Sri Lanka fails to sell 35-pct of Treasuries at auction

ECONOMYNEXT – Sri Lanka has failed to sell 35 percent of a 40 billion rupee Treasuries offer at an ‘auction’ where ceiling yields are pre-determined by the debt office.

The debt office which is a unit of the central bank set ceiling yields of 4.67 percent for 3-month bills, 4.78 percent for 6-month bills and 5.0 percent for 12-month bills.

Any shortfalls below the fixed yield is usually taken up with printed money adding to excess liquidity and potential foreign reserve losses if the liquidity turns into imports through the credit system. It is not clear whether November credit has weakened.

At the December 09 auction, 8.5 billion rupees of 3-month bills were offered and 11.98 billion was sold at 4.67 percent.

12.5 billion rupees of 6-month bills were offered at 2.165 billion rupees were sold at 4.77 percent.

19 billion rupees of 12-month bills were offered at 17.5 billion sold at 5.0 percent.

The debt office had also set ceiling for bond ‘auctions’.

Sri Lanka’s central bank Governor W D Lakshman had said money is being printed in the style of Modern Monetary Theory.


Sri Lanka to cut foreign debt share to 40-pct in 2021, ride Modern Monetary Theory: CB Governor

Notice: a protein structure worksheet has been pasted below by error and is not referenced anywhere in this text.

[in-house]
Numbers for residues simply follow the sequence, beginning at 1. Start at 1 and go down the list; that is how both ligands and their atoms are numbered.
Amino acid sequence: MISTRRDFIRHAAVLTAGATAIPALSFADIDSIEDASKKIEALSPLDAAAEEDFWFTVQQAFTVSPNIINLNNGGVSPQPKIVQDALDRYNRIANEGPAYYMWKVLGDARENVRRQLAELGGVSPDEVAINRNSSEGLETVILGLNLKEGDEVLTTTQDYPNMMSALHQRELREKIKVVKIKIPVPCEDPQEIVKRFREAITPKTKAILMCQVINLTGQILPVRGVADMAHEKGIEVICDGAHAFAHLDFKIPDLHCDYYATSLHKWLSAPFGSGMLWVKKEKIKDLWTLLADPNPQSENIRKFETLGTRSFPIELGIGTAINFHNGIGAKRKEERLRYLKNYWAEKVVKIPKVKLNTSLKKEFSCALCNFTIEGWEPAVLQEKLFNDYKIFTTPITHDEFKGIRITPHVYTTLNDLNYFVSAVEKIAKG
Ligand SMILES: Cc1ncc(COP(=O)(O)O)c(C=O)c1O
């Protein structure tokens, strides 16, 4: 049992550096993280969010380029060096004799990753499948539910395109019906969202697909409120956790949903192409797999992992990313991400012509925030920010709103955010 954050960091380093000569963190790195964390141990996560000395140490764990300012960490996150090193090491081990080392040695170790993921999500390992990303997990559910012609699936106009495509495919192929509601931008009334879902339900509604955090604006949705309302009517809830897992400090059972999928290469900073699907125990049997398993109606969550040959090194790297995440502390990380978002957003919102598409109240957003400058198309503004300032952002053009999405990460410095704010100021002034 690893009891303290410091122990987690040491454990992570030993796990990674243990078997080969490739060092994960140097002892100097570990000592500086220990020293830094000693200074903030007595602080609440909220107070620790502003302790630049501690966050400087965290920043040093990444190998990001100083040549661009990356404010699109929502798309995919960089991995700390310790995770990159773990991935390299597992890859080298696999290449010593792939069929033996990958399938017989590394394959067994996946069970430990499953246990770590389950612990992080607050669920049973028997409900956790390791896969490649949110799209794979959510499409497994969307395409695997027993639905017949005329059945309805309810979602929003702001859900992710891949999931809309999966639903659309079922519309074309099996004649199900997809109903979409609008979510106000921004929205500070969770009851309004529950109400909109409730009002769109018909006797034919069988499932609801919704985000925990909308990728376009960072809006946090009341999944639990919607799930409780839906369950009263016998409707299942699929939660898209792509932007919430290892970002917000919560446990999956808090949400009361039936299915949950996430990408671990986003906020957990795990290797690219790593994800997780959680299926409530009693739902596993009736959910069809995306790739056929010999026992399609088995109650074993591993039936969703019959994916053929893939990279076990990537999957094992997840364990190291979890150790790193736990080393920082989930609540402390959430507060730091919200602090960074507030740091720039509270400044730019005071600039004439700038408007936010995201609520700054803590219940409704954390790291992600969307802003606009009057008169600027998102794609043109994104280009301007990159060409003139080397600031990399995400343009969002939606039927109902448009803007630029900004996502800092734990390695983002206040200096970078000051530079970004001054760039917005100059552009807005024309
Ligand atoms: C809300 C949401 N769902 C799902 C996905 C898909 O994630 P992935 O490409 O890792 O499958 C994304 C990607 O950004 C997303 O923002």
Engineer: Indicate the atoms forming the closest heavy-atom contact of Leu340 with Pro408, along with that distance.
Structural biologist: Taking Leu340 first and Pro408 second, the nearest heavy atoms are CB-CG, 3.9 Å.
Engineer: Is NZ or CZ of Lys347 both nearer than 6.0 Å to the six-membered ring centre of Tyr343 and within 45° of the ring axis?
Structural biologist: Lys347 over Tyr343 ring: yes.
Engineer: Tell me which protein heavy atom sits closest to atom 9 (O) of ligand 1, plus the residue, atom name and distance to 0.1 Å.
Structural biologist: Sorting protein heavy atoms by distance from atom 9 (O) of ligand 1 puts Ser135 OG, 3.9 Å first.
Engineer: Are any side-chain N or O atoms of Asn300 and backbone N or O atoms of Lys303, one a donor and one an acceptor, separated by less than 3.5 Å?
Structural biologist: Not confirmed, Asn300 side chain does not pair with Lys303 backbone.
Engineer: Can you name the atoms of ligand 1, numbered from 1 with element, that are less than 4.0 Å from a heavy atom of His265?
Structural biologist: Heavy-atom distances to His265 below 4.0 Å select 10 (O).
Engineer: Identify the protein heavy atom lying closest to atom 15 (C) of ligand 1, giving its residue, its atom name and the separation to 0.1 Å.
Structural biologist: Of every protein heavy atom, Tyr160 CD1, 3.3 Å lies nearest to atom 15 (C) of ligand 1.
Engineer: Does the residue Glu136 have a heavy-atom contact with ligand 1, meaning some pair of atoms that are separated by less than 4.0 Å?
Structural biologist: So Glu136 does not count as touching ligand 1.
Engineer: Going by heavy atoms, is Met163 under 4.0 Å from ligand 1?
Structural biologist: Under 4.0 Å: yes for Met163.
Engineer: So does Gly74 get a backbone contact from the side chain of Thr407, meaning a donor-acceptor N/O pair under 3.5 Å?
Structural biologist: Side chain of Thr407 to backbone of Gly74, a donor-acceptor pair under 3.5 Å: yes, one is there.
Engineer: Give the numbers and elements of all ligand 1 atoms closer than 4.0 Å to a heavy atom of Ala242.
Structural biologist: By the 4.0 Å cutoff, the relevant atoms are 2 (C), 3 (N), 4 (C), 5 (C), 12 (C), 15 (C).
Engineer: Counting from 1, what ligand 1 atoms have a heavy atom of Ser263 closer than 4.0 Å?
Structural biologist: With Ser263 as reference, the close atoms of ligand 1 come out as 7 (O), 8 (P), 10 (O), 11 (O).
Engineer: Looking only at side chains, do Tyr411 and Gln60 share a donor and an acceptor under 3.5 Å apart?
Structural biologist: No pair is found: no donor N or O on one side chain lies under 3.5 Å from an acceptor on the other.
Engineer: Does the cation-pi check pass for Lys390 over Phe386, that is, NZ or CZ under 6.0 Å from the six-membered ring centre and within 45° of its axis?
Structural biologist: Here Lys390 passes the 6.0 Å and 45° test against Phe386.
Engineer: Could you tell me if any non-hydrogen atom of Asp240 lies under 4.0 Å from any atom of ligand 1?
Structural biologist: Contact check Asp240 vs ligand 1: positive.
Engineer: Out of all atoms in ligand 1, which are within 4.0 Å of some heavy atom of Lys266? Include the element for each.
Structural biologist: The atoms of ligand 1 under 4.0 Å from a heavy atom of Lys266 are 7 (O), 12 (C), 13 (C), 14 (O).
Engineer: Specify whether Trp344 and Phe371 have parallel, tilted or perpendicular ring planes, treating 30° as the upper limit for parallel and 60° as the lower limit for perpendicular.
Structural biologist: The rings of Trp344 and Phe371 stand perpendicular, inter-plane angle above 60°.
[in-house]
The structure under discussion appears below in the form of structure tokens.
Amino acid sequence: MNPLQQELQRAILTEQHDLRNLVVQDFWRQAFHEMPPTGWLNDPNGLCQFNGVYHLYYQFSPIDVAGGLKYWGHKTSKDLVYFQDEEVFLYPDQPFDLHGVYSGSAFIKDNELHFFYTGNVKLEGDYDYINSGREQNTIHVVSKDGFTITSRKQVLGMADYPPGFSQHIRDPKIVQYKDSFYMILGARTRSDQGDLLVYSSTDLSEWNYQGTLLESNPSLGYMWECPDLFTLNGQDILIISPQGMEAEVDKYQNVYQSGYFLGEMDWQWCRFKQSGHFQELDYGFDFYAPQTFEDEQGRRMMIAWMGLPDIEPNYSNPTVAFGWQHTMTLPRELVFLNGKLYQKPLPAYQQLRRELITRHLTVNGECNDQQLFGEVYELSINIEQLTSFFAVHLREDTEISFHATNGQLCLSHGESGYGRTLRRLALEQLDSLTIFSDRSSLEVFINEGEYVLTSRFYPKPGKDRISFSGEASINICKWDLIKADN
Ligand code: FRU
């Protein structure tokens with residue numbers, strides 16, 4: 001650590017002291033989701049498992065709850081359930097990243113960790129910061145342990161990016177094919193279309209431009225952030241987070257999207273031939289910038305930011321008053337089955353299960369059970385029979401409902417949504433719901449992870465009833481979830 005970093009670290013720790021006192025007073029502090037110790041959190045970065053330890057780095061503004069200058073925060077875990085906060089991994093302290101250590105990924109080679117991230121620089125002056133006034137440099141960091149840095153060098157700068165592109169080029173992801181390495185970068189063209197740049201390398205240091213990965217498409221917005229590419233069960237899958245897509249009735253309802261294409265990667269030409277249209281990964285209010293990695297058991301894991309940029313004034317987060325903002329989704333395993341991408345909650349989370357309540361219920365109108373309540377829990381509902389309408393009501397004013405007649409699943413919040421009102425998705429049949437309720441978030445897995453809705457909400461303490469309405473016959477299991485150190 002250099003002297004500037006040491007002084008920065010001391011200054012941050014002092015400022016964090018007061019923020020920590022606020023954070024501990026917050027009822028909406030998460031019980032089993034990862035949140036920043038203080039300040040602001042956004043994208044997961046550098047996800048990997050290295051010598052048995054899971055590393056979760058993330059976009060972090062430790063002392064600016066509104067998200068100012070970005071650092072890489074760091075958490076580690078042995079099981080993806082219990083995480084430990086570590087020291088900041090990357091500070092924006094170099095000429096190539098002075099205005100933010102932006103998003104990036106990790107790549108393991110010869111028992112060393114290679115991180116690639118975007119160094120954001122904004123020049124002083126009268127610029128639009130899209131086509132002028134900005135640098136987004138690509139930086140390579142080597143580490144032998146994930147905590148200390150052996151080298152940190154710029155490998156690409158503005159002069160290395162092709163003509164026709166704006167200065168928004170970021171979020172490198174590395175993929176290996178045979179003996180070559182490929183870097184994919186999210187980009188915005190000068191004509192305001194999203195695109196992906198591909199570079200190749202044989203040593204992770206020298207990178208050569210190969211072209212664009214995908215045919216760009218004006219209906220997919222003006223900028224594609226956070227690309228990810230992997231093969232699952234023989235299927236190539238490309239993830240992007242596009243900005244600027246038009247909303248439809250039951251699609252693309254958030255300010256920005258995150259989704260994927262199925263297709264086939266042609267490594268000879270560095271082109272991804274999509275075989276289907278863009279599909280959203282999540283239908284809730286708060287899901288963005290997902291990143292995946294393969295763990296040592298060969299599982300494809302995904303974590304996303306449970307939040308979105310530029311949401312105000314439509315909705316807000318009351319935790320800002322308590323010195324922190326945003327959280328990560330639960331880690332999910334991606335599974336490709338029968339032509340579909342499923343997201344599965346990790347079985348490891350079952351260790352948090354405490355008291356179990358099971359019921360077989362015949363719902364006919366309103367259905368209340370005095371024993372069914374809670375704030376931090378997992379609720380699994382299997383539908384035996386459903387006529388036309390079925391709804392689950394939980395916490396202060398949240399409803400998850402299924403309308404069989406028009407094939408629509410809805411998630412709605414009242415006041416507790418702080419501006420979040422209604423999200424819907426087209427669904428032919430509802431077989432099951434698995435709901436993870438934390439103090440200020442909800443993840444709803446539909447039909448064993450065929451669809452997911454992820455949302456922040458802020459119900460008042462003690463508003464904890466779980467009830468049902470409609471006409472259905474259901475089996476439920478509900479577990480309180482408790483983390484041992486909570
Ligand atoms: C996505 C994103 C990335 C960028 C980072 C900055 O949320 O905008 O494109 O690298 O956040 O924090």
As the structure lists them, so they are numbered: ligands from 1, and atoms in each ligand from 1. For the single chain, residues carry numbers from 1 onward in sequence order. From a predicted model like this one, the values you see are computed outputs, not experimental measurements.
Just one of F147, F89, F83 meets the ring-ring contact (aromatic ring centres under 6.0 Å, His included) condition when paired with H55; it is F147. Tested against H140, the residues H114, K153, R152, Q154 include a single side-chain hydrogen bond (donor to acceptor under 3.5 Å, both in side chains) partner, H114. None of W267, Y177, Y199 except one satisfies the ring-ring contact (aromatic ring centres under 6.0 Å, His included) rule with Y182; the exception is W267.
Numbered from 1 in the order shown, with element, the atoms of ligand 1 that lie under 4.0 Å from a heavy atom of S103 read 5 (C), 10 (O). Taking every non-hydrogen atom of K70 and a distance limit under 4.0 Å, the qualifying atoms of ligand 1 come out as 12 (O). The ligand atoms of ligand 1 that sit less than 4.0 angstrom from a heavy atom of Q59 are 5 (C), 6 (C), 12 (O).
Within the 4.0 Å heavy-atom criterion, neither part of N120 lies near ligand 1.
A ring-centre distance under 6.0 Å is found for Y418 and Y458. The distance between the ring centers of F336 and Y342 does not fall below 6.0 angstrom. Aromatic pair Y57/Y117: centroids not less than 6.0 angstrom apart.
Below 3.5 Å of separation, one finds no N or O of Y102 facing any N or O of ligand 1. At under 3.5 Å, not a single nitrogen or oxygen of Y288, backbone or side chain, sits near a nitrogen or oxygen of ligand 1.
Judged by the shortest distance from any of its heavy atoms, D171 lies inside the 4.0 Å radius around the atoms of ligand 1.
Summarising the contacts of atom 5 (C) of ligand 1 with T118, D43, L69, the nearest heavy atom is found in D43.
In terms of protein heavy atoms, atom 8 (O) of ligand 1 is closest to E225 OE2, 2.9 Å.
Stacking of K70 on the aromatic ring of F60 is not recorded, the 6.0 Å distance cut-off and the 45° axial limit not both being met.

Sri Lanka moved to Treasuries auctions after monetization led to an economic closure in 1970s and high inflation and currency depreciation that undermined a re-opening of the economy.

Sri Lanka is now facing difficulties in repaying foreign debt after several years of monetary instability and tax cuts in December 2019 led to credit downgrades.

Severe financial repression accelerated during the last administration with the central bank forcing dealers to buy bonds at cut off rates, which was later followed by controls on lending and deposit rates. Now 5 -year price ceilings are planned on housing loans.

The central bank also summarily jettisoned a ‘bills only policy’ and started to target the longer term yield curve through open market operations and ‘operation twist’ style exercises in the course of the last two soft-peg crises. (Colombo/Dec09/2020)

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